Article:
3.1. Growth on a Sapphire (0001) Substrate
The results of the deposition experiments in the BiI3-O2 system have been summarized in an experimental CVD stability diagram (Fig.1). In this diagram, the source gas flow rate of O2 and BiI3 is plotted against the deposition temperature. From the diagram in Fig. 1, some general trends can be seen. Low deposition temperatures yield films containing bismuth oxyiodides and high deposition temperatures yield iodine-free -Bi2O3 films. Furthermore, an increased [O2]/[BiI3] ratio reduces the temperature limit for depositing iodine-free -Bi2O3 films. It should also be noted that the observed growth rate showed large variations within the CVD stability diagram. The highest growth rate obtained for the BiOI was approximately 15 m/h. In contrast, a much lower growth rate (0.31 m/h) was observed for the -Bi2O3 films. It can be stated mentioned that the growth rate decreased at the highest deposition temperatures. No films could be grown above a certain [O2]/[BiI3] ratio. For example, attempts to deposit films at 800C using a [O2]/[BiI3] ratio of 6.0 were unsuccessful.

:-Bi2O3 :Bi5O7I :BiOI

Temperature ( C)

800 700 600 500

4 log([O2]/[BiI3])

Figure 1. Experimental CVD stability diagram for the BiI3-O2 system.

The source supply for vapor deposition can be controlled by changing the source gas partial pressure. Therefore, we investigated the influence of the BiI3 partial pressure on the growth rate. The film thickness was defined as the average of the distance between the bottom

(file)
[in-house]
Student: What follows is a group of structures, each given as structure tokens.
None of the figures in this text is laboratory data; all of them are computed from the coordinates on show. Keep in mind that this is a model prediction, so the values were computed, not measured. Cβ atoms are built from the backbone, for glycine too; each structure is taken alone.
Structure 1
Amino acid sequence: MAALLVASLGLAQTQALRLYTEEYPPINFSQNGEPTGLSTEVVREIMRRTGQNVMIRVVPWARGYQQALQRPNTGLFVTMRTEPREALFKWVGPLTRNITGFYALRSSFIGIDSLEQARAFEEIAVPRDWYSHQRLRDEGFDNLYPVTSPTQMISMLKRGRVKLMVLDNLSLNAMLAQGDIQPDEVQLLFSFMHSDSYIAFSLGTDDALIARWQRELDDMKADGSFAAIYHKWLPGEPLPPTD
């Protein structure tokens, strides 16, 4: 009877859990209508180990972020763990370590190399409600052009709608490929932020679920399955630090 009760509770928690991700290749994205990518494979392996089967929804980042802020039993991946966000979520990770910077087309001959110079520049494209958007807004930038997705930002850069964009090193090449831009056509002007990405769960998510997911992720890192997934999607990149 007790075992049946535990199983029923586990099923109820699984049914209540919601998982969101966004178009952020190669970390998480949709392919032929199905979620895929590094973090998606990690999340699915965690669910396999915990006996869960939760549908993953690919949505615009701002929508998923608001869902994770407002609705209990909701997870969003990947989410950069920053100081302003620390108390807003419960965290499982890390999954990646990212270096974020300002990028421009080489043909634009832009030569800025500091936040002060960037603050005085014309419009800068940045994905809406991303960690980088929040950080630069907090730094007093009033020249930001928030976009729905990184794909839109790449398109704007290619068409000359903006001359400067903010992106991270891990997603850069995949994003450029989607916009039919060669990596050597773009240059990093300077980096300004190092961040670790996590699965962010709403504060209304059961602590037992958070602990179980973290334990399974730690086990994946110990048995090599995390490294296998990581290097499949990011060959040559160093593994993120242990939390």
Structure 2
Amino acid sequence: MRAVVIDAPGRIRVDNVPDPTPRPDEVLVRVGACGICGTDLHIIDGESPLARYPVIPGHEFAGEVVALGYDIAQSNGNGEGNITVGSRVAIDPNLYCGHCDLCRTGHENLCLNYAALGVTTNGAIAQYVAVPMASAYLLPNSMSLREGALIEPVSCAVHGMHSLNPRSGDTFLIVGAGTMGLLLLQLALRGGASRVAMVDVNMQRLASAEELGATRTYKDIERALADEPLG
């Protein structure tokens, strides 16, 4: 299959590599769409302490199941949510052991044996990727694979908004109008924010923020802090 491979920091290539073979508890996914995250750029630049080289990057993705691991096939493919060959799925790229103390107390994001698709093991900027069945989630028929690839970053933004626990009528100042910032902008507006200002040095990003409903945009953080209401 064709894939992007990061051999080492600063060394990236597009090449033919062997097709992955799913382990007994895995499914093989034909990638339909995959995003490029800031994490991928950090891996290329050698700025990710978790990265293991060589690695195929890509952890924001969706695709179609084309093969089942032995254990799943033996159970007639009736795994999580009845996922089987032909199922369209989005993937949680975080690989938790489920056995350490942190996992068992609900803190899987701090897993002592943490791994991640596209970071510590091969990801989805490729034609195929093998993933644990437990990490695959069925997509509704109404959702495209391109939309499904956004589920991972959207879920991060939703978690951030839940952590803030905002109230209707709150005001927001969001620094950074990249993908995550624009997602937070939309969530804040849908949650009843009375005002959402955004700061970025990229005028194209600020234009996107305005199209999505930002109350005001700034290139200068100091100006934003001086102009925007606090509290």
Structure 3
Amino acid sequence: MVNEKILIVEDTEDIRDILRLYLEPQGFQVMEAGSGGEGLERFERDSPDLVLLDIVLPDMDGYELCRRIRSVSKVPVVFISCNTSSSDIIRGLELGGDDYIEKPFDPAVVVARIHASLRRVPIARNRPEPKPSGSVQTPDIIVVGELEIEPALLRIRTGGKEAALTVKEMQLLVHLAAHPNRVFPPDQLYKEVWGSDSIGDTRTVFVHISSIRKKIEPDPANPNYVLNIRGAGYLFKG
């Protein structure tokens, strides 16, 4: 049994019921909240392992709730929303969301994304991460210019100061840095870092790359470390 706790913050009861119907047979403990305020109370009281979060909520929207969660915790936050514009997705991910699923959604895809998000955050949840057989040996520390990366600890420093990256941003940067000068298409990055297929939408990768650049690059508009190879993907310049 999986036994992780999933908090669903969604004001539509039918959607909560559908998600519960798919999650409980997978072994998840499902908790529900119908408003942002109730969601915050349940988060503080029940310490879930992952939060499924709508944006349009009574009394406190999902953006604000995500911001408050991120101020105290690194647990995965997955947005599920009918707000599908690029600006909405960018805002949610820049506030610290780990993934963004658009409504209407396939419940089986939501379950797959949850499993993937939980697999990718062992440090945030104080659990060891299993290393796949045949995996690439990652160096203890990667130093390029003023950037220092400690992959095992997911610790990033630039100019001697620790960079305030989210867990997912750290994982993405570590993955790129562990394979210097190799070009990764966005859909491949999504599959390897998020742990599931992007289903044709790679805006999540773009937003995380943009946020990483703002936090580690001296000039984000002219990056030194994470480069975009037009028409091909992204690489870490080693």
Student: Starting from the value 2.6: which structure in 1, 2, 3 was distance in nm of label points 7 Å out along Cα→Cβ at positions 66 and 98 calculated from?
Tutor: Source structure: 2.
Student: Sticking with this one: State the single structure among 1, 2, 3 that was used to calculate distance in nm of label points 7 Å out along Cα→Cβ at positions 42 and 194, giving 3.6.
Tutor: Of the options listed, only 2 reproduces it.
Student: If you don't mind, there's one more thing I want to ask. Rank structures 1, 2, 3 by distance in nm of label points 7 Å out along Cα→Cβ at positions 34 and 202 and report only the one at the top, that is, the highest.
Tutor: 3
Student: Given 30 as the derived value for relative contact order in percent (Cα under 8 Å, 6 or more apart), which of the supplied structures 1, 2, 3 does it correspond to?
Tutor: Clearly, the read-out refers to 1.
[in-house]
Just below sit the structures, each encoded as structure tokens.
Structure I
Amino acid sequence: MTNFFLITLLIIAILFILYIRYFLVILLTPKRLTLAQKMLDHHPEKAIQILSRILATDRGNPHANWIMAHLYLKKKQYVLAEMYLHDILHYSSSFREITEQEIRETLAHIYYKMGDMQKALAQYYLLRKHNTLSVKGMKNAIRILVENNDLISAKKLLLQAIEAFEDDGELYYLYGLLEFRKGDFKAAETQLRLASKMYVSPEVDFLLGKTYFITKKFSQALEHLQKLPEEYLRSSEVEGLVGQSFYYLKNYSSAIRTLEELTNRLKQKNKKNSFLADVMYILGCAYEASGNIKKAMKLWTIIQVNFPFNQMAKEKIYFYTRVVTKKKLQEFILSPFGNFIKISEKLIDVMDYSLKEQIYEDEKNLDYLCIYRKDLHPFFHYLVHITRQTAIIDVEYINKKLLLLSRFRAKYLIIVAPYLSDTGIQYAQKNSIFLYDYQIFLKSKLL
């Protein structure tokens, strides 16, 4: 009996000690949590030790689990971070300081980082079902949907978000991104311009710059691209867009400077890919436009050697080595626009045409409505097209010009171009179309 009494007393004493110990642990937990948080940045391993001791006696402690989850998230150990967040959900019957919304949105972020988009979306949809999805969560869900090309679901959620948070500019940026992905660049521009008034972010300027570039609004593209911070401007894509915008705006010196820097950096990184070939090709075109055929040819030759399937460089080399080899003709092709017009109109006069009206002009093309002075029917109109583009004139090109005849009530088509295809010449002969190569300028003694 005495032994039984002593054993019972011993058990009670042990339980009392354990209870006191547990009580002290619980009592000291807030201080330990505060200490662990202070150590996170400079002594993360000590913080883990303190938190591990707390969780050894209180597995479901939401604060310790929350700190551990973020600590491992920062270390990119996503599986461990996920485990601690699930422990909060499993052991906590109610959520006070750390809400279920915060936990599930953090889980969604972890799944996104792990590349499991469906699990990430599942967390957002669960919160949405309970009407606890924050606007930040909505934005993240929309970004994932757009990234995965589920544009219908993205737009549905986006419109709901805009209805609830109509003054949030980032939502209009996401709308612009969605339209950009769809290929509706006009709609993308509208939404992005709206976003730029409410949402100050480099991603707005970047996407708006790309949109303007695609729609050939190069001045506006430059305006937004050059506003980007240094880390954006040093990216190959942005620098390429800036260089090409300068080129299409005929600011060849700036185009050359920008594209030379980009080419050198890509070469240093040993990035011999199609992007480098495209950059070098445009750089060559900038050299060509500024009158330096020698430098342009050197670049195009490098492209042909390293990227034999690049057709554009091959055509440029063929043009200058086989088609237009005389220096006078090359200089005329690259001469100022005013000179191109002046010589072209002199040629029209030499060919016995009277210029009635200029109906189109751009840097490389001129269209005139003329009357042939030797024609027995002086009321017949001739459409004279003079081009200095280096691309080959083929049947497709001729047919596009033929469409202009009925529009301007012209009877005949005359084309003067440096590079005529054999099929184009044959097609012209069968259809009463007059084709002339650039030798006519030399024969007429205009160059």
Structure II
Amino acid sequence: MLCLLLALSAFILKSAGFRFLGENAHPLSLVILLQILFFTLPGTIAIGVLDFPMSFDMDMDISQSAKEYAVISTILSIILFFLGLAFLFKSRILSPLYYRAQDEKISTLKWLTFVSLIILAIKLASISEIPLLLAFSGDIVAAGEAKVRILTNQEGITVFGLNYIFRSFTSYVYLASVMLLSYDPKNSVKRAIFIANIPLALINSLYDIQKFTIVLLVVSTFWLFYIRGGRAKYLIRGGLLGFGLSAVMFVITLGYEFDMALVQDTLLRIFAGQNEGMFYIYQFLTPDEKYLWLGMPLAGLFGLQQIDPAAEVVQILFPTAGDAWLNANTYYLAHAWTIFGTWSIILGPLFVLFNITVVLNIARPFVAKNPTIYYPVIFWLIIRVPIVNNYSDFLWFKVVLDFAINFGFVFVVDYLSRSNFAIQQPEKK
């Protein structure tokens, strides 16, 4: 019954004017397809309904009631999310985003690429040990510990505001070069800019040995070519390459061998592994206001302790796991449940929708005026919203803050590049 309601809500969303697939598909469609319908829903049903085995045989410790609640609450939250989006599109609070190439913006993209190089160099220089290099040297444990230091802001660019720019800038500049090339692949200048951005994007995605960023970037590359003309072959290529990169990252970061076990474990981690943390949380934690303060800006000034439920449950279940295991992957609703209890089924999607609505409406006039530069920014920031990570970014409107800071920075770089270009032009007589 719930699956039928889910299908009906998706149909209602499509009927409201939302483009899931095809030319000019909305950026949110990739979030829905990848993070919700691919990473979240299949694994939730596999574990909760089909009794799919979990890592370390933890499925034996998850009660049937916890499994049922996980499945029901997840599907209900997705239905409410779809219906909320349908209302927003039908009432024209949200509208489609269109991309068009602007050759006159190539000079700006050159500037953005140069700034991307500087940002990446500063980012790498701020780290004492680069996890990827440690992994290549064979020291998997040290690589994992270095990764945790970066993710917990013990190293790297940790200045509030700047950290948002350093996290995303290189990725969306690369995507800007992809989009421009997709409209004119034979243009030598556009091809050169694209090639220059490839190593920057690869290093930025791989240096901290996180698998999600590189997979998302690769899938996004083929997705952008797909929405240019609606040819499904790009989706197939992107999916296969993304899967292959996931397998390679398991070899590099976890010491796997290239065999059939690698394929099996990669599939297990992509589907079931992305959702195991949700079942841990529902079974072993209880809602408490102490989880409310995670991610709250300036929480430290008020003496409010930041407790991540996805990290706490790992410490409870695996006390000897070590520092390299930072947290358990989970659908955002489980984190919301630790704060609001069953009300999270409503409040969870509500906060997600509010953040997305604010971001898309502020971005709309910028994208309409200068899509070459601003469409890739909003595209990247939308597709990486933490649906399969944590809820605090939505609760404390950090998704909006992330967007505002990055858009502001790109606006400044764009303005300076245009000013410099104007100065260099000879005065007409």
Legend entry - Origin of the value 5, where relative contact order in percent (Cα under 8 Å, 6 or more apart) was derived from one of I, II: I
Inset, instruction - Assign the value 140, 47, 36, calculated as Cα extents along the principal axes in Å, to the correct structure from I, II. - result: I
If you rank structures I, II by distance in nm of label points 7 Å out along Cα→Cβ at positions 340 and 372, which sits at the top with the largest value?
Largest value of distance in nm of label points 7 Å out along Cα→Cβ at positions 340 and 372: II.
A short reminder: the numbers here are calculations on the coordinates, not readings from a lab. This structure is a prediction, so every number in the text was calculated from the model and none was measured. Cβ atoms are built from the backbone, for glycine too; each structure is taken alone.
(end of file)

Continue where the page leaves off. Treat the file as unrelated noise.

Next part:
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and top of the film measured by cross-sectional SEM. The result is shown in Fig. 2. As indicated by the figure, in the region of low BiI3 partial pressure, the growth rate increases with the BiI3 partial pressure. This indicates that this region is a kinetically limited growth region that is essentially limited by the pressure-dependent pyrolysis of the reactants (although the presence of other reactants or the substrate may assist in catalyzing the reaction). On the other hand, in the region of high BiI3 partial pressure, the growth rate increases only gradually. This indicates that this region is the mass transport limited region, in which all the reactant that reaches the substrate decomposes to be incorporated into the film. Film deposition in this region leads to the introduction of impurities in the film due to the excessive supply of BiI3 gas. Therefore, the BiI3 partial pressure of 7.4 105 atm between the kinetically limited growth region and the mass transport limited region is the optimum BiI3 partial pressure in this study.

Growth rate (m h-1)

0.5

10 Input partial pressure of BiI3 (atm)

20 [x10-5]

Figure 2. Growth rate of the -Bi2O3 films as a function of input partial pressure of BiI3.